graphene battery

A graphene battery (correctly denoted as a silicon-graphene anode lithium ion battery) was first shown in 2012. Graphene is used to help overcome previous battery limitations, leading to increased performance and longevity. Graphene works in electrodes as a support or a composite/hybrid and helps to keep metal ions in a regular order, increasing electrode efficiency. As a composite material its high conductivity and well-ordered structure are unique and very desirable. Researchers built a lithium-ion battery made of graphene and silicon, which was claimed to last over a week and took only 15 minutes to charge.

 

What is a graphene battery?

Lithium ion cycling has been demonstrated in bi-layer graphene films, built upon nickel substrates, while single layer graphene films have been demonstrated as a protective layer against corrosion. This creates possibilities for flexible electrodes for microscale Li-ion batteries, where the anode acts as the active material.

 

Graphene battery properties

In 2015 argon-ion based plasma processing was used to bombard graphene samples, enhancing the capacitance three-fold. In 2016, Huawei announced graphene-assisted Lithium-Ion batteries with greater heat tolerance and twice the life span of existing technologies.

Graphene production methods

There are two main methods of graphene production, split into chemical vapour deposition and exfoliation from graphite. The first produces a single layer of graphene on a substrate, thought of as the best grade of graphene but it is also much more expensive and liberated in lower yields. This grade is often appropriate for the electronics industry. The second method convert graphite into graphene. Highly corrosive chemicals, mechanical stress and high temperatures play a role in this process. The variation of product is less consistent, a lower-quality type of graphene but manufactured at a smaller cost and in contrast to vapour deposition, the scale of output is much greater.

 

Graphene hybrids

Graphite has been used as part of the cathode material traditionally. The large surface area facilitates li+ ions to be captured via surface adsorption and induced bonding. Graphene electrodes also have a high conductivity. Classically, metal oxides have a low conductivity and low volumetric energy density. A hybrid of a metal oxide with graphene facilitates the conductivity as the interaction between the interstitial ions and the hybrid matrix is much more efficient.

 

Graphene battery research in cars

There are tremendous challenges in utilising graphene in the automotive landscape. Primarily, the density challenges that impact the safety and strength of lithium batteries in EVs. Degradation of the batteries is a real world issue. Samsung is working on a graphene ball battery that could vastly reduce charging times. Also, developments in Spain, via a company called Earthdas, show developments of a graphene battery that charges motorcycles/bikes.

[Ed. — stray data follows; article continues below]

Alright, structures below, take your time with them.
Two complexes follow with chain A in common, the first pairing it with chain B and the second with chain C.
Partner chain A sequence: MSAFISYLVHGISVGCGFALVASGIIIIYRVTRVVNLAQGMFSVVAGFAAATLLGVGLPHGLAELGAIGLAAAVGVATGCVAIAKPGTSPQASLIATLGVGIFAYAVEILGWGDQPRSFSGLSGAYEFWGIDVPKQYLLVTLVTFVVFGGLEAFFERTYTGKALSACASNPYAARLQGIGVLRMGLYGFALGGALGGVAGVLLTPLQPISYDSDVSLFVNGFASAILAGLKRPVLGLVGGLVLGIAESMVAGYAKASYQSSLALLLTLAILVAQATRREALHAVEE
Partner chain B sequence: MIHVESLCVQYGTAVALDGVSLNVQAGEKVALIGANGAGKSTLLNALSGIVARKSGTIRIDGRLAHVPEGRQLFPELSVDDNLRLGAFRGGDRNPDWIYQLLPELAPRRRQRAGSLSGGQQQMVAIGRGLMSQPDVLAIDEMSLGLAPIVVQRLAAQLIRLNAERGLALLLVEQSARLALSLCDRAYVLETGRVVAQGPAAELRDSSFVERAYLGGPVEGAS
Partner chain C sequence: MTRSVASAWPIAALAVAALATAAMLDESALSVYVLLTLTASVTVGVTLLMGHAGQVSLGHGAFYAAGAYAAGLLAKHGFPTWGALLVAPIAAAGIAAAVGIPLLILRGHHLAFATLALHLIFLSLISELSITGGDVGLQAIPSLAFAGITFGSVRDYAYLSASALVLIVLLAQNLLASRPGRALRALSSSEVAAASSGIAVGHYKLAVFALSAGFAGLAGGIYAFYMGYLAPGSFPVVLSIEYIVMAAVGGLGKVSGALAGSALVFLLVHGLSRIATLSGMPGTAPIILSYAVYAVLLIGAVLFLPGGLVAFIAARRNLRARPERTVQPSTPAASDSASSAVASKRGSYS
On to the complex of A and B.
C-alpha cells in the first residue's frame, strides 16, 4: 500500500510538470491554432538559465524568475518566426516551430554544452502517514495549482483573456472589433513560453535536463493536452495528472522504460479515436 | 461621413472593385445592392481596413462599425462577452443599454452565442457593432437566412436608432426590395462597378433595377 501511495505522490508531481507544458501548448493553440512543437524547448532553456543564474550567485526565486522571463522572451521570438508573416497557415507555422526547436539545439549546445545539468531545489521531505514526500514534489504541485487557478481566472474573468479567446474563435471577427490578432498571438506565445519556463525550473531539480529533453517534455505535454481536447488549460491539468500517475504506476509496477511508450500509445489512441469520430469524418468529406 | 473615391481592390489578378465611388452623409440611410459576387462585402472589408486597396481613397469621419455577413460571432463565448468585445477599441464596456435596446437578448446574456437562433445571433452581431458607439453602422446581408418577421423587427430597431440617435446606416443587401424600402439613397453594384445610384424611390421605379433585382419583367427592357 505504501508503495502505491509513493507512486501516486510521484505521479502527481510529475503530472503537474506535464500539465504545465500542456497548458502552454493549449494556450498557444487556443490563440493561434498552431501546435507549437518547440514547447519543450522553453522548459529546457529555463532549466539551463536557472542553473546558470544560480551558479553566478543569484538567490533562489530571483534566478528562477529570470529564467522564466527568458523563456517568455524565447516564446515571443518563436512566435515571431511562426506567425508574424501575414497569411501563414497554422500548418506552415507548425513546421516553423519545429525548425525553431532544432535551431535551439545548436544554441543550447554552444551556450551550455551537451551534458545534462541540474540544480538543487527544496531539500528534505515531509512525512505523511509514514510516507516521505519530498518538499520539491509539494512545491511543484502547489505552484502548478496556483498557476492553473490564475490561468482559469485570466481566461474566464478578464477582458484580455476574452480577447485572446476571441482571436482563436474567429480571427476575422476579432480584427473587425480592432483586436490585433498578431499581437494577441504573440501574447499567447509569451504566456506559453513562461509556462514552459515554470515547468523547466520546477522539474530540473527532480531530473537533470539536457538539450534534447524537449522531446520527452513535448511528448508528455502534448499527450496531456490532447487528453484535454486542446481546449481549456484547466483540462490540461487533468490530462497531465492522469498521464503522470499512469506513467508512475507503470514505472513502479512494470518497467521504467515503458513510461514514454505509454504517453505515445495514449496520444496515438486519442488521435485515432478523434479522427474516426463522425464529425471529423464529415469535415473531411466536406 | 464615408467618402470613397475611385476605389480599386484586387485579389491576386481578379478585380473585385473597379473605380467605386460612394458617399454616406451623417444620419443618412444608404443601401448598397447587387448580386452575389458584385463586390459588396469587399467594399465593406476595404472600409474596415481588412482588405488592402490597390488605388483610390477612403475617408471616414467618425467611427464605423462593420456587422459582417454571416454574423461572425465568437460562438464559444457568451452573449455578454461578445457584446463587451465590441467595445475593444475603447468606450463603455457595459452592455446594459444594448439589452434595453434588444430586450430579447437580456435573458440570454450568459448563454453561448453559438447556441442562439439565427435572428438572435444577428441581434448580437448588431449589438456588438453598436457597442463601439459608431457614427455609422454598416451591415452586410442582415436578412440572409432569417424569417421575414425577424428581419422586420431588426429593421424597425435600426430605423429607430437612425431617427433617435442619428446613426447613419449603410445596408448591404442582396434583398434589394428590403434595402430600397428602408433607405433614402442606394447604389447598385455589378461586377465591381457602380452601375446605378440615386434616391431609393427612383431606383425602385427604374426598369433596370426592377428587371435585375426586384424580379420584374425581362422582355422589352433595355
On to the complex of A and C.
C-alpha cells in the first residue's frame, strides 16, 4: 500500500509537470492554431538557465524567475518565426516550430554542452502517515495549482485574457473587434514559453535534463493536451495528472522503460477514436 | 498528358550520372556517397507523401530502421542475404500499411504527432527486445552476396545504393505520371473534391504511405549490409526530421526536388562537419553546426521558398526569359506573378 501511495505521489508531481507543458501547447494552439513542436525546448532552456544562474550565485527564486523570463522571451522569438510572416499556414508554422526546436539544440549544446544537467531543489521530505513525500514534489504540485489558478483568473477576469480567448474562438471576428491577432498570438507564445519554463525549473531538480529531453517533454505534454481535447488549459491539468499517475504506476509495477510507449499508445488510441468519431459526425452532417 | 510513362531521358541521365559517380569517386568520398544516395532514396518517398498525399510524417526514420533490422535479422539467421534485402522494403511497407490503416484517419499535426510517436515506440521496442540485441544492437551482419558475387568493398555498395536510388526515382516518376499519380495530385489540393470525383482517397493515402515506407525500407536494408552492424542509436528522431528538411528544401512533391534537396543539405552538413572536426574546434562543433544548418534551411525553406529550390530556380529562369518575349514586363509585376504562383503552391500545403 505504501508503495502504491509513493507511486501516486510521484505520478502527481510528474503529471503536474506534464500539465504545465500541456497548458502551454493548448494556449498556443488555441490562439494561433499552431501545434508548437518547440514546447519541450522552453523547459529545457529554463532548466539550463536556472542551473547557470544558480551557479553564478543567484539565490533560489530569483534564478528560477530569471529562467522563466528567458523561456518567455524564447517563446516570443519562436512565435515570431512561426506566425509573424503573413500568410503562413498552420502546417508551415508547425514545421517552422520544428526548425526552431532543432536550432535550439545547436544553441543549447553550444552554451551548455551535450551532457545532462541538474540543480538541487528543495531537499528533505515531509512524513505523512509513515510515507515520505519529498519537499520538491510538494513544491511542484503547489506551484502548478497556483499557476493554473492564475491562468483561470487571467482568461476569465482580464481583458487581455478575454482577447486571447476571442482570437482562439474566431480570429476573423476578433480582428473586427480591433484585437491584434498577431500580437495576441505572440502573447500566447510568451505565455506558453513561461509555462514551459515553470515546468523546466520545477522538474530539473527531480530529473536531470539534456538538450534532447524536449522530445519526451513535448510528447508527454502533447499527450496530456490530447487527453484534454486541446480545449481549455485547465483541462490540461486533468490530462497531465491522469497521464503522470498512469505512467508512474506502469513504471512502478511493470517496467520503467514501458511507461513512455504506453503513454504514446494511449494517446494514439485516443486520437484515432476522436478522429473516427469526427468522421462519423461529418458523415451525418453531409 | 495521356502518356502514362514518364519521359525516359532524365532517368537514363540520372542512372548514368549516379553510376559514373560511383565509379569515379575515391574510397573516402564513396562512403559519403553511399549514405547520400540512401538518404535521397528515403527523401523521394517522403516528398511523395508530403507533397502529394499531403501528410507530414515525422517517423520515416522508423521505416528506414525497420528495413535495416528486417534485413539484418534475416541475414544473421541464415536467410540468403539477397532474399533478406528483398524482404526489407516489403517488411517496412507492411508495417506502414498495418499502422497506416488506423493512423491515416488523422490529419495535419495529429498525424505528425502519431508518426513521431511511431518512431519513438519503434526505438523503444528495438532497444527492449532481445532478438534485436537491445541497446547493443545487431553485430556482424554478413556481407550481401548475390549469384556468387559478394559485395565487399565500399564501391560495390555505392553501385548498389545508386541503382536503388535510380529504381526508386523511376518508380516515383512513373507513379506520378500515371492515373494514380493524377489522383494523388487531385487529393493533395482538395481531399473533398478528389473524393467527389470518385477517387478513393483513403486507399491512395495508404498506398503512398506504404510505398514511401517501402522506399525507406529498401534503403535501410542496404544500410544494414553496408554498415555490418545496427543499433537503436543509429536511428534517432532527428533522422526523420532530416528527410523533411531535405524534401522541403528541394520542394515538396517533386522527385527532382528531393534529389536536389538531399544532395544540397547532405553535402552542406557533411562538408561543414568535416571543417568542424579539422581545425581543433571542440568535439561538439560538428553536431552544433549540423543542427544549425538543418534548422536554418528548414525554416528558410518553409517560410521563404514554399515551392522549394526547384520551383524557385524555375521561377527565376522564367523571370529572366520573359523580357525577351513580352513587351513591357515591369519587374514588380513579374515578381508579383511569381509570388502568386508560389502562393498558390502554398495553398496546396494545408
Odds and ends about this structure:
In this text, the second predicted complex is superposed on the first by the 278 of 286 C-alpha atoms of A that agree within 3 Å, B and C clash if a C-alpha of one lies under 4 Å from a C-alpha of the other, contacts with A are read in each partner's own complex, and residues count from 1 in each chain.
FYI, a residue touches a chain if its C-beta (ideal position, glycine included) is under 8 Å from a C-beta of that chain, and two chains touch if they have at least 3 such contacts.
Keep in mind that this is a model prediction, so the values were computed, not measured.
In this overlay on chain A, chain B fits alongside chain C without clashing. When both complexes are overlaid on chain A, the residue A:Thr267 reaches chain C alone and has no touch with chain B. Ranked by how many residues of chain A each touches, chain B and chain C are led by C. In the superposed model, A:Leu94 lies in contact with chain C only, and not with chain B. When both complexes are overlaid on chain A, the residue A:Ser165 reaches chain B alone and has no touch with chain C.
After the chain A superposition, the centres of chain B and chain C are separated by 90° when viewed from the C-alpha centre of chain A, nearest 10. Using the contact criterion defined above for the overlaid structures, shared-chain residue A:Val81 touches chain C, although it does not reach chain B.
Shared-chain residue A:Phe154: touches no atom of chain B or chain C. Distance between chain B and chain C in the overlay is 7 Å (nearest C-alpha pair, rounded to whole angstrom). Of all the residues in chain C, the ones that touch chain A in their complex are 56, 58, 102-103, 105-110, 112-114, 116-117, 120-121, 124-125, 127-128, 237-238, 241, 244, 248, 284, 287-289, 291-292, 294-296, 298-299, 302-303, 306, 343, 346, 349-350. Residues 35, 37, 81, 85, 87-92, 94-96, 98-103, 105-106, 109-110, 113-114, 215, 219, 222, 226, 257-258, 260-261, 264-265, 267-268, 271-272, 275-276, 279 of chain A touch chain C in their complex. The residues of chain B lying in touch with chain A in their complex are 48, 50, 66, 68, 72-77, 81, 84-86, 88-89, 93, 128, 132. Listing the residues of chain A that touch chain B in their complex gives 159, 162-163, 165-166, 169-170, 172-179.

Thermal management

In 2011, researchers found that a multilayer graphene architecture can be an approach for thermal interfacial materials (TIMs) with superior thermal conductivity and ultra-low interfacial thermal resistance. Graphene-metal composites can be used.

Adding a layer of graphene to each side of a copper film increased the heat-conducting properties. They could realistically be used for semiconductor interconnects. The improvement is the result of changes in copper’s nano- and microstructure.

 

Graphene as a supercapacitor

Due to graphene’s high surface-area-to-mass ratio, another related application is in the conductive plates of supercapacitors. In February 2013 researchers announced a novel technique to produce graphene supercapacitors based on the DVD burner reduction approach. A supercapacitor was later produced that was claimed to achieve energy density comparable to current lithium-ion batteries.

In 2015 laser-induced graphene was produced. The sections were then stacked, separated by solid electrolytes, making multiple micro-supercapacitors. The stacked configuration increased the energy density. The resulting devices were mechanically flexible, making them potentially suitable for rolling in a cylindrical configuration.

Micro-supercapacitors

In 2015, a micro-supercapacitor created suitable for use in a wearable device. It is capable of holding more than twice as much charge as a comparable thin-film lithium battery. The design employed laser-scribed graphene with manganese dioxide. Their capacity is six times that of commercially available supercapacitors.

 

Graphene fuel cells

Perforated graphene offers the potential for using graphene monolayers as a barrier that blocks hydrogen atoms but not protons/ionised hydrogen. The membranes are more efficient when covered with catalytic nanoparticles such as platinum.

Graphene would eliminate fuel crossover, which reduces efficiency and durability. In methanol fuel cells, graphene has reduced fuel cross over with negligible proton resistance. Proton conductivity with monolayer hBN, outperforms graphene, with resistivity to proton flow of about 10 Ω cm2.  At higher temperatures graphene outperforms with resistivity estimated to fall below 10−3 Ω cm2 above 250 degrees Celsius.

 

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References

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